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Justice: Hospitals Recruit Homeless for Medical Fraud, Insurer Overcharges $320 Million

The Department of Justice announced two settlements in which a local medical provider and an insurer allegedly defrauded Medicare and Medi-Cal of more than $336 million.

ORANGE COUNTY, CA — Two Southern California medical and health plan providers agreed to pay a record sum of money to settle allegations of wrongdoing, the Department of Justice announced Thursday.

Los Angeles-based Pacific Health Corporation, which owns Newport Specialty Hospital and Anaheim General Hospital, agreed to a $16.5 million fine to settle allegations that its hospitals hired people to recruit the homeless from Skid Row for unnecessary medical procedures that could be charged to the government under Medicare and Medi-Cal.

Also on Thursday, SCAN Health Plan, which is based in Long Beach and provides health plans to patients from all over the region, agreed to pay a record $320 million to the state and federal governments to resolve allegations that it received overpayments from Medi-Cal. According to the Department of Justice, SCAN inflated costs and took advantage of calculating errors that enabled the company to charge Medi-Cal higher rates than the medical services warranted, racking up about $320 million in overcharges. The settlement is the largest recovery ever obtained from a single Medi-Cal provider, according to the justice department.

“This massive settlement demonstrates the commitment of the United States Justice Department to eradicate fraud, waste, and abuse in this nation’s public health care programs,” said United States Attorney André Birotte Jr. “We want the entire health care industry to know that we will use every tool at our disposal to ensure that the taxpayers are getting what they pay for when they finance public health programs.”

Skid Row Kickback Scheme

The two Orange County hospitals were part of the criminal probe in which investigators believe the corporation paid more than $2.3 million in kickbacks to marketers to recruit patients who were admitted to the hospitals for in-patient care, whether they needed it or not. The scheme bilked the government out of $16 million in improper payments to the hospitals, allege investigators.

The Pacific Health Corporation and its subsidiaries also face criminal prosecution for the homeless patient kickback scheme, according to the Department of Justice. But if the company abides by the deferred prosecution agreement announced Thursday, the charges will be dismissed in six years.

“Hospitals colluding with marketers to fatten profits through illegal referrals for costly and sometimes needless medical services are pocketing millions of taxpayer dollars,” said Glenn R. Ferry, Special Agent in Charge for the Los Angeles Region of the Office of Inspector General of the U.S. Department of Health and Human Services. “Our agents are monitoring such schemes, and those entering into similar sham contracts should expect investigation and prosecution.”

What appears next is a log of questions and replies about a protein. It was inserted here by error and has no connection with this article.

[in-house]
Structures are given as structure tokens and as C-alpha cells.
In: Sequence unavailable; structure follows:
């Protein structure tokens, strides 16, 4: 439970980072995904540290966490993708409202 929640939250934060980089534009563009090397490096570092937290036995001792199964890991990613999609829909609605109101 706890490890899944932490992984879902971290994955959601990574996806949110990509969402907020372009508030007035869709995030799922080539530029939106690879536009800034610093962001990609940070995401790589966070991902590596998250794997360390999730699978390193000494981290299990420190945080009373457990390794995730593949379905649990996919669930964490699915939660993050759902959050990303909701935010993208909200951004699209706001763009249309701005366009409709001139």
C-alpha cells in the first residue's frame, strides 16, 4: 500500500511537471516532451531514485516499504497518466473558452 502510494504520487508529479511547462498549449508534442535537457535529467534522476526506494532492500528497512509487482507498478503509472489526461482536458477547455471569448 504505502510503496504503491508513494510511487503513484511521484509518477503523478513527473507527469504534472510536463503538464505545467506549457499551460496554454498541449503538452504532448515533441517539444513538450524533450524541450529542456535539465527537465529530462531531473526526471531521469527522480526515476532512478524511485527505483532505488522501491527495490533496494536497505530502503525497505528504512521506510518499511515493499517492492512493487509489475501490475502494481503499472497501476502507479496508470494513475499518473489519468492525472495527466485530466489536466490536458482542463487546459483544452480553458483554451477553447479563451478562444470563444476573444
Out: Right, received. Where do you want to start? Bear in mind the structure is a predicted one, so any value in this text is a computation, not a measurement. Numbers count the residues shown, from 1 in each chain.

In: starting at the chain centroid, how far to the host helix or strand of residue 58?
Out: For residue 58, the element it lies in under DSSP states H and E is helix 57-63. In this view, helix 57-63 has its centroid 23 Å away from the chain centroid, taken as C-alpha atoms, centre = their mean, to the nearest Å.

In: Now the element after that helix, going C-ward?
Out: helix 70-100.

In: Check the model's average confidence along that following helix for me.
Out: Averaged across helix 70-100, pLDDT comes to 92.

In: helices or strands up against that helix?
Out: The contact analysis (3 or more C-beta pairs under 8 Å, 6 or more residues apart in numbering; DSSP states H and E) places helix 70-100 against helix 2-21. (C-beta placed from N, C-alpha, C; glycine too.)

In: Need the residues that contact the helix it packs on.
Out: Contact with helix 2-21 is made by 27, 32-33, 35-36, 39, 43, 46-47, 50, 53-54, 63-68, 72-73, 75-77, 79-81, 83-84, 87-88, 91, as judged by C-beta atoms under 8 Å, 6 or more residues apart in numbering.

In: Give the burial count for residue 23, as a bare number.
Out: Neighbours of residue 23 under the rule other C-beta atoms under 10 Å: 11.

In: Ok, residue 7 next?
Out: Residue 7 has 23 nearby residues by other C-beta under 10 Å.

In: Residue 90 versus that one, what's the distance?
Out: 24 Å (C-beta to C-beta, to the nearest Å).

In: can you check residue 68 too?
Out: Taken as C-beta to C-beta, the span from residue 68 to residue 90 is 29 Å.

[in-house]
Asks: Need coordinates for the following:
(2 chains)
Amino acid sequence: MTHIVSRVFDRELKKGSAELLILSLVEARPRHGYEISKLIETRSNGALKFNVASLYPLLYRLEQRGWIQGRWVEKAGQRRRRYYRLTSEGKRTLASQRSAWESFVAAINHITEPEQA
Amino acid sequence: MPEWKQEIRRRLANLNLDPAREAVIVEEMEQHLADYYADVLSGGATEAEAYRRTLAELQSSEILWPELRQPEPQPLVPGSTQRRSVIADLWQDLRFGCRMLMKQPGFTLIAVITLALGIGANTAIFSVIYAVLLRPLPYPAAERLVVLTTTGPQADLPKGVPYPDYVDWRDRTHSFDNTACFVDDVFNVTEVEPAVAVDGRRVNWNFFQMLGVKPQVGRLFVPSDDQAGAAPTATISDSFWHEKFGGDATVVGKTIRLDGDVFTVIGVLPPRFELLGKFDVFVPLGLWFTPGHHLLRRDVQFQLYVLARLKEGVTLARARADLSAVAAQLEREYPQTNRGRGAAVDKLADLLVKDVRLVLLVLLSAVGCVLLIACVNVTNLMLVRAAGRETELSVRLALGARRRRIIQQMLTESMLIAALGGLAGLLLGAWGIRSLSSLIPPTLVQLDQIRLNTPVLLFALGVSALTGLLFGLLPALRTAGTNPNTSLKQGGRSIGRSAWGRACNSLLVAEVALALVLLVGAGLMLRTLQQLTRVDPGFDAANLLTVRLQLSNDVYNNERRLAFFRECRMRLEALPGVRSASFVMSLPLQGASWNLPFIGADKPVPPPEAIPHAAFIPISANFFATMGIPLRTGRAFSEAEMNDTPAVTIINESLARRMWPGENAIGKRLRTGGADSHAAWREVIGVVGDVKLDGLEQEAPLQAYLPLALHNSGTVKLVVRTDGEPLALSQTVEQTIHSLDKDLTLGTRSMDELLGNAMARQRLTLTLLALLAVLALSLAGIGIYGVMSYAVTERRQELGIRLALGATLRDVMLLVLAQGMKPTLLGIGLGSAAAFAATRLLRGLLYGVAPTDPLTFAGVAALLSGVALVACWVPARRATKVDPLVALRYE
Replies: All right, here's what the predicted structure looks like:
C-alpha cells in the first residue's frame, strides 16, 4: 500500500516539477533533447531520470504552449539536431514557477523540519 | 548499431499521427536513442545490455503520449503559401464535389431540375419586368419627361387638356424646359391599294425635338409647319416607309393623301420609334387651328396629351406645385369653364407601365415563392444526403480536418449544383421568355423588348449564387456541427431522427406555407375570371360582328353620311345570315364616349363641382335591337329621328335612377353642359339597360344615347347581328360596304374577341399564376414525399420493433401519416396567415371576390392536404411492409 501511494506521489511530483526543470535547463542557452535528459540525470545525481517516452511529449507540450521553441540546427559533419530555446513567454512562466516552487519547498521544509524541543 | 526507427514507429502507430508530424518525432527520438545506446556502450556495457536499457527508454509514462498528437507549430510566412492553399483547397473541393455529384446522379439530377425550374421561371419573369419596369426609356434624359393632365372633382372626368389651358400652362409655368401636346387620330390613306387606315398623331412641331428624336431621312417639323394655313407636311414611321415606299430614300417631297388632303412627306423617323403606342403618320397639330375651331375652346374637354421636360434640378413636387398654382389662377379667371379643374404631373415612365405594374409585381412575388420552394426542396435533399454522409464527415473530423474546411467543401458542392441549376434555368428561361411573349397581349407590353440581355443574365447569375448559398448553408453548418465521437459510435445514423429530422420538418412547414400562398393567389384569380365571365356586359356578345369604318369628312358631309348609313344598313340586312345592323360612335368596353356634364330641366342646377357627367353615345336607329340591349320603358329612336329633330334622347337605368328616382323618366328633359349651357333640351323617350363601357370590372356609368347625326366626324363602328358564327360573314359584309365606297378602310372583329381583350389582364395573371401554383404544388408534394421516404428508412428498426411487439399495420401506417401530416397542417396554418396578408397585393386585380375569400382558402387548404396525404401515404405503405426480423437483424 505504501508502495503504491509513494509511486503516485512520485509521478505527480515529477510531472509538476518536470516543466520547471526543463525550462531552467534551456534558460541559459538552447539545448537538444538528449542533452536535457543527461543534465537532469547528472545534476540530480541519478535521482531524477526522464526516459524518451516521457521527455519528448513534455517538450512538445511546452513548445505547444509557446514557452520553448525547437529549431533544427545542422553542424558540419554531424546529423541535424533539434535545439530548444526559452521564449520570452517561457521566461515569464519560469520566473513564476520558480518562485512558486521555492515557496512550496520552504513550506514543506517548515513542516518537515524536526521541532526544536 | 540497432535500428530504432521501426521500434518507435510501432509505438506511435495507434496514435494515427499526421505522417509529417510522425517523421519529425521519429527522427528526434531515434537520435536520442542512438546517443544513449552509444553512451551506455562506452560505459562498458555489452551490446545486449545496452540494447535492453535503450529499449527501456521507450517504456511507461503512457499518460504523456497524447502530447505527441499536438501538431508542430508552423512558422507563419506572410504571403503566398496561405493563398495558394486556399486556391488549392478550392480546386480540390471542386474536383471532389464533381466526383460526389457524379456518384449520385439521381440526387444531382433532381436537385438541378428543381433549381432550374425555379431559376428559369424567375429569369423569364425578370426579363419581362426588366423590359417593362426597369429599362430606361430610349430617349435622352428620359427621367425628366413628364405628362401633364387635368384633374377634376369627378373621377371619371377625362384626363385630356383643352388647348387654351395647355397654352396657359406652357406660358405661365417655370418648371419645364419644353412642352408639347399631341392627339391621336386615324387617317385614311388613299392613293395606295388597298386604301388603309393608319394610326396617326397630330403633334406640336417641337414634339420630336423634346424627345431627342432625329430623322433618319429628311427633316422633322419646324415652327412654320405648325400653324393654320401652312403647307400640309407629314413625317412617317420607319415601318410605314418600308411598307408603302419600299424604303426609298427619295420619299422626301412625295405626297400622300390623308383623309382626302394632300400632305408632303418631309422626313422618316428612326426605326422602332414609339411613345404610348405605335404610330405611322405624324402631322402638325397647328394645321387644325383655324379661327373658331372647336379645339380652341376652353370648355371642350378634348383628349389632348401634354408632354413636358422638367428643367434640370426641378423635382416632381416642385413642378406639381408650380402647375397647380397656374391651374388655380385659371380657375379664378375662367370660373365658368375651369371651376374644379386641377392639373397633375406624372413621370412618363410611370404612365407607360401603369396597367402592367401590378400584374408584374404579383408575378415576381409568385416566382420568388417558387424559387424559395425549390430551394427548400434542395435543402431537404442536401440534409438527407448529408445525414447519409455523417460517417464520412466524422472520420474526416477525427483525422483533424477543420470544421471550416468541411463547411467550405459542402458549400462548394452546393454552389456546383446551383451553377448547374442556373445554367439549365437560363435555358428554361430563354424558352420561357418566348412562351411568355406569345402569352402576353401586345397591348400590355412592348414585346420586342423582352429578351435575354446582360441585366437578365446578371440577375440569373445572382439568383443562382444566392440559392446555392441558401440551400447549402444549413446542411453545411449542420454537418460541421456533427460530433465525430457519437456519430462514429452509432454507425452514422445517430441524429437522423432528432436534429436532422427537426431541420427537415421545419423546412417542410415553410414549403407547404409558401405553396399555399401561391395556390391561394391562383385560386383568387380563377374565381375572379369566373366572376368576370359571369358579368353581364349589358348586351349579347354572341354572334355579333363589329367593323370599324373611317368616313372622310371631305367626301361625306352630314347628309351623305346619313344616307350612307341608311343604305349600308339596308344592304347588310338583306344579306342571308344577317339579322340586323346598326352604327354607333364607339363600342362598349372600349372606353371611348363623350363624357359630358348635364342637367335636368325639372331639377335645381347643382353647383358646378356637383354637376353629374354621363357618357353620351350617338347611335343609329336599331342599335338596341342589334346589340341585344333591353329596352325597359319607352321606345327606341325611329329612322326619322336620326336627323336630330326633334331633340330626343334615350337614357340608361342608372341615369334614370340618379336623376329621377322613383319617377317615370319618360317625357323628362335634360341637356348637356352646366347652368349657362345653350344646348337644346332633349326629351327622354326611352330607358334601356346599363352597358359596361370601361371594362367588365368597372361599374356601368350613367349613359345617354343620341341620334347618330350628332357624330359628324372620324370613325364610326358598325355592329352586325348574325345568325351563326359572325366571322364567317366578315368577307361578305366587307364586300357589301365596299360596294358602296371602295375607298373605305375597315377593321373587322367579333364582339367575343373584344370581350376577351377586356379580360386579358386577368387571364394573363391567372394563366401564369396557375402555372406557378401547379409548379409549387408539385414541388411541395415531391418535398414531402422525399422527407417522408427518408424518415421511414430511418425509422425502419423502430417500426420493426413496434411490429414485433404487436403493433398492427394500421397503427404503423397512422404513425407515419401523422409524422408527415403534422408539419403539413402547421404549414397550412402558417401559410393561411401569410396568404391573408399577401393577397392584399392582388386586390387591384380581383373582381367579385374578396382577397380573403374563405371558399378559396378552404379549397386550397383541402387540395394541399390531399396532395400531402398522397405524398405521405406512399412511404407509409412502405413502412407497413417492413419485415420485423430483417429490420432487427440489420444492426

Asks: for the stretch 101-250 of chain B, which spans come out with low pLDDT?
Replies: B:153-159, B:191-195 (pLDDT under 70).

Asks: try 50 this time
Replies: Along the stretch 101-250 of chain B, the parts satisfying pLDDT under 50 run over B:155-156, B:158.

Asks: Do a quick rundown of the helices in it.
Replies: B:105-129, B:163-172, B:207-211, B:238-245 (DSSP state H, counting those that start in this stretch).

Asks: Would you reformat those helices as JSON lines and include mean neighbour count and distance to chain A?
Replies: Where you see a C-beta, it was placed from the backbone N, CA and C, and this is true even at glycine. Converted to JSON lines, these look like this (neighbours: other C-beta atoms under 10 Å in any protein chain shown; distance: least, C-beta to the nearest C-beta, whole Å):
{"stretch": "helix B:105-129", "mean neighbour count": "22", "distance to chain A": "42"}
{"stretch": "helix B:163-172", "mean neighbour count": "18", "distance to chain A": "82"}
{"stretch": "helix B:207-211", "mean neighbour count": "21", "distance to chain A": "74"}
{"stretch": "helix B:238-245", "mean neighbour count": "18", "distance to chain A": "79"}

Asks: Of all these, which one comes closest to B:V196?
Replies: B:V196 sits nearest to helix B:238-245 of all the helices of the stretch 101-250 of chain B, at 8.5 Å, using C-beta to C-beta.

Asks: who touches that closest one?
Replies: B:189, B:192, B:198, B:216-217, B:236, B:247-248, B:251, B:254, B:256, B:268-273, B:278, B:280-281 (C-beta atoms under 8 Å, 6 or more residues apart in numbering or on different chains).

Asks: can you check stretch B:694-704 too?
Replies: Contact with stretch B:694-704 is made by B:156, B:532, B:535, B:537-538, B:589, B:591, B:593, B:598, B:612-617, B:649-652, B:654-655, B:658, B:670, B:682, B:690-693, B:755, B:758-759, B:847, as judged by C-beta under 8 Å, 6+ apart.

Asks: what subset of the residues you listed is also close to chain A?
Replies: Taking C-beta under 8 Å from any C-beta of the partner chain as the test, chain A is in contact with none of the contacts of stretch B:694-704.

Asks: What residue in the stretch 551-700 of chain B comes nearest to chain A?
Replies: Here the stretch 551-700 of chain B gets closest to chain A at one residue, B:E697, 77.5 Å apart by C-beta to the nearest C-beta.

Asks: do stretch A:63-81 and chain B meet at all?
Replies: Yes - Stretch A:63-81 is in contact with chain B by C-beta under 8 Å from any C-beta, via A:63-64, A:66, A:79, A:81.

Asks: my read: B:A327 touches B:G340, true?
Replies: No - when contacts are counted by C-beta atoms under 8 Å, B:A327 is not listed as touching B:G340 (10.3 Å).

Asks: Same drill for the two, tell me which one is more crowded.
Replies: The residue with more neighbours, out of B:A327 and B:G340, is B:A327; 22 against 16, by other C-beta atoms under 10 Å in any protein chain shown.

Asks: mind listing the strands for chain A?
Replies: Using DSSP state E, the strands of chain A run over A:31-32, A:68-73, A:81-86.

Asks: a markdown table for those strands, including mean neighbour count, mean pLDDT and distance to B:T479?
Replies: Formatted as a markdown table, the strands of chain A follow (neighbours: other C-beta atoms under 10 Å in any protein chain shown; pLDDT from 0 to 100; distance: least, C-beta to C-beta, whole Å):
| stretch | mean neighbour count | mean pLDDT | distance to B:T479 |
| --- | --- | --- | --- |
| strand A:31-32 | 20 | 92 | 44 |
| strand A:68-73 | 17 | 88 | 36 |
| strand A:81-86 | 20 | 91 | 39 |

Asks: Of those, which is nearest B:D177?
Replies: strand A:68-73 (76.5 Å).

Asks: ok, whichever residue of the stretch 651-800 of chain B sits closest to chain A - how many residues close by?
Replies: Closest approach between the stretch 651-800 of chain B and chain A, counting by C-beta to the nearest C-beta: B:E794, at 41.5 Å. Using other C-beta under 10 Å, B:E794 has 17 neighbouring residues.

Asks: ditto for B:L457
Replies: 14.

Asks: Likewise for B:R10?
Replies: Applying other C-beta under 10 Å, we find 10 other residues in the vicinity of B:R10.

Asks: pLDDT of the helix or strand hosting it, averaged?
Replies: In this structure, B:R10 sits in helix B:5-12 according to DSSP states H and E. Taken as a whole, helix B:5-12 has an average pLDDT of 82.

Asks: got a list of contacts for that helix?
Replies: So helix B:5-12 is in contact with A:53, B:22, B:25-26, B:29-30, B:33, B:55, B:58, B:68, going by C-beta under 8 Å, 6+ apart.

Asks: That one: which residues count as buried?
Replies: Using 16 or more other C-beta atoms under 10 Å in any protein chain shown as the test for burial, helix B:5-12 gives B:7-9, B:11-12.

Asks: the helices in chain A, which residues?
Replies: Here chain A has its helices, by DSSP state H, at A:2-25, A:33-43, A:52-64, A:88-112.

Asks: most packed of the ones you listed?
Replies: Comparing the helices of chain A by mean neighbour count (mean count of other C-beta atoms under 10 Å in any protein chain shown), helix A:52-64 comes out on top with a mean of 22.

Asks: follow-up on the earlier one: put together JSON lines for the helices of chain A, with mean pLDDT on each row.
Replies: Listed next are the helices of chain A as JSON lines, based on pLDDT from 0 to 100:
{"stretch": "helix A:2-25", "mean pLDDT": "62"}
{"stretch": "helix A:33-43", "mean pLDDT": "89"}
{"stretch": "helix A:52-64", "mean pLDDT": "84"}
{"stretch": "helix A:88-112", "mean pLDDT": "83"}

Shripathi Kamath August 28, 2012 at 12:58 AM
"I'm not part of wall street high finance, but rather main street basic personal finance for the middle class" Ah, that explains it.
Shripathi Kamath August 28, 2012 at 01:06 AM
Yes, we should do good thing and not do bad things, instead of doing bad things and not doing good things. Buy low sell high instead of buying high and selling low. Also no bad regulations. Only good regulations. Because bad regulations are bad. Good regulation will prevent fraud, but not too much. Just enough. No unnecessary ones. Only those which are necessary. "Therefore I will wail and howl, I will go stripped and naked: I will make a wailing like the dragons, and mourning as the owls."--Micah 1:8
tiny August 28, 2012 at 02:07 AM
www.youtube.com/watch?v=-YYR8PFSMuc
Joker Joe August 28, 2012 at 02:11 PM
Kathi And who pays for the regulations when they are put into effect?
Kathi August 28, 2012 at 05:09 PM
btw, Obamacare is NOT a single payer system--not yet anyway, although if they try to save $ by squeezing the insurance co's by mandating additional coverage, but prohibiting from charging more to pay for their additional costs, they may put the insurance co's out of biz & millions of people would lose their jobs & income. Obamacare still has private insurance co's. Single payer is just that--no private insurance co's & govt does it all. You like the DMV & PO? There will be similar problems w more govt involvement. Medi-Cal doesn't have a very good reputation for providing quality medical care. Many dr's won't take Medi-Cal patients. Its apparently worse in more rural areas where they are less drs & providers to choose from. & of course Canada has that & people wait extremely long times for even life saving care & a lot of them come to the US for things like hip replacement surgery--if they can afford it--so they can get it done without waiting many months. & I've read in the news about some real neglect in Britain's system. Our system isn't perfect & GOP has submitted quite a few bills to fix things that weren't even considered by Dems--fixes that didn't throw the baby out w the bathwater!

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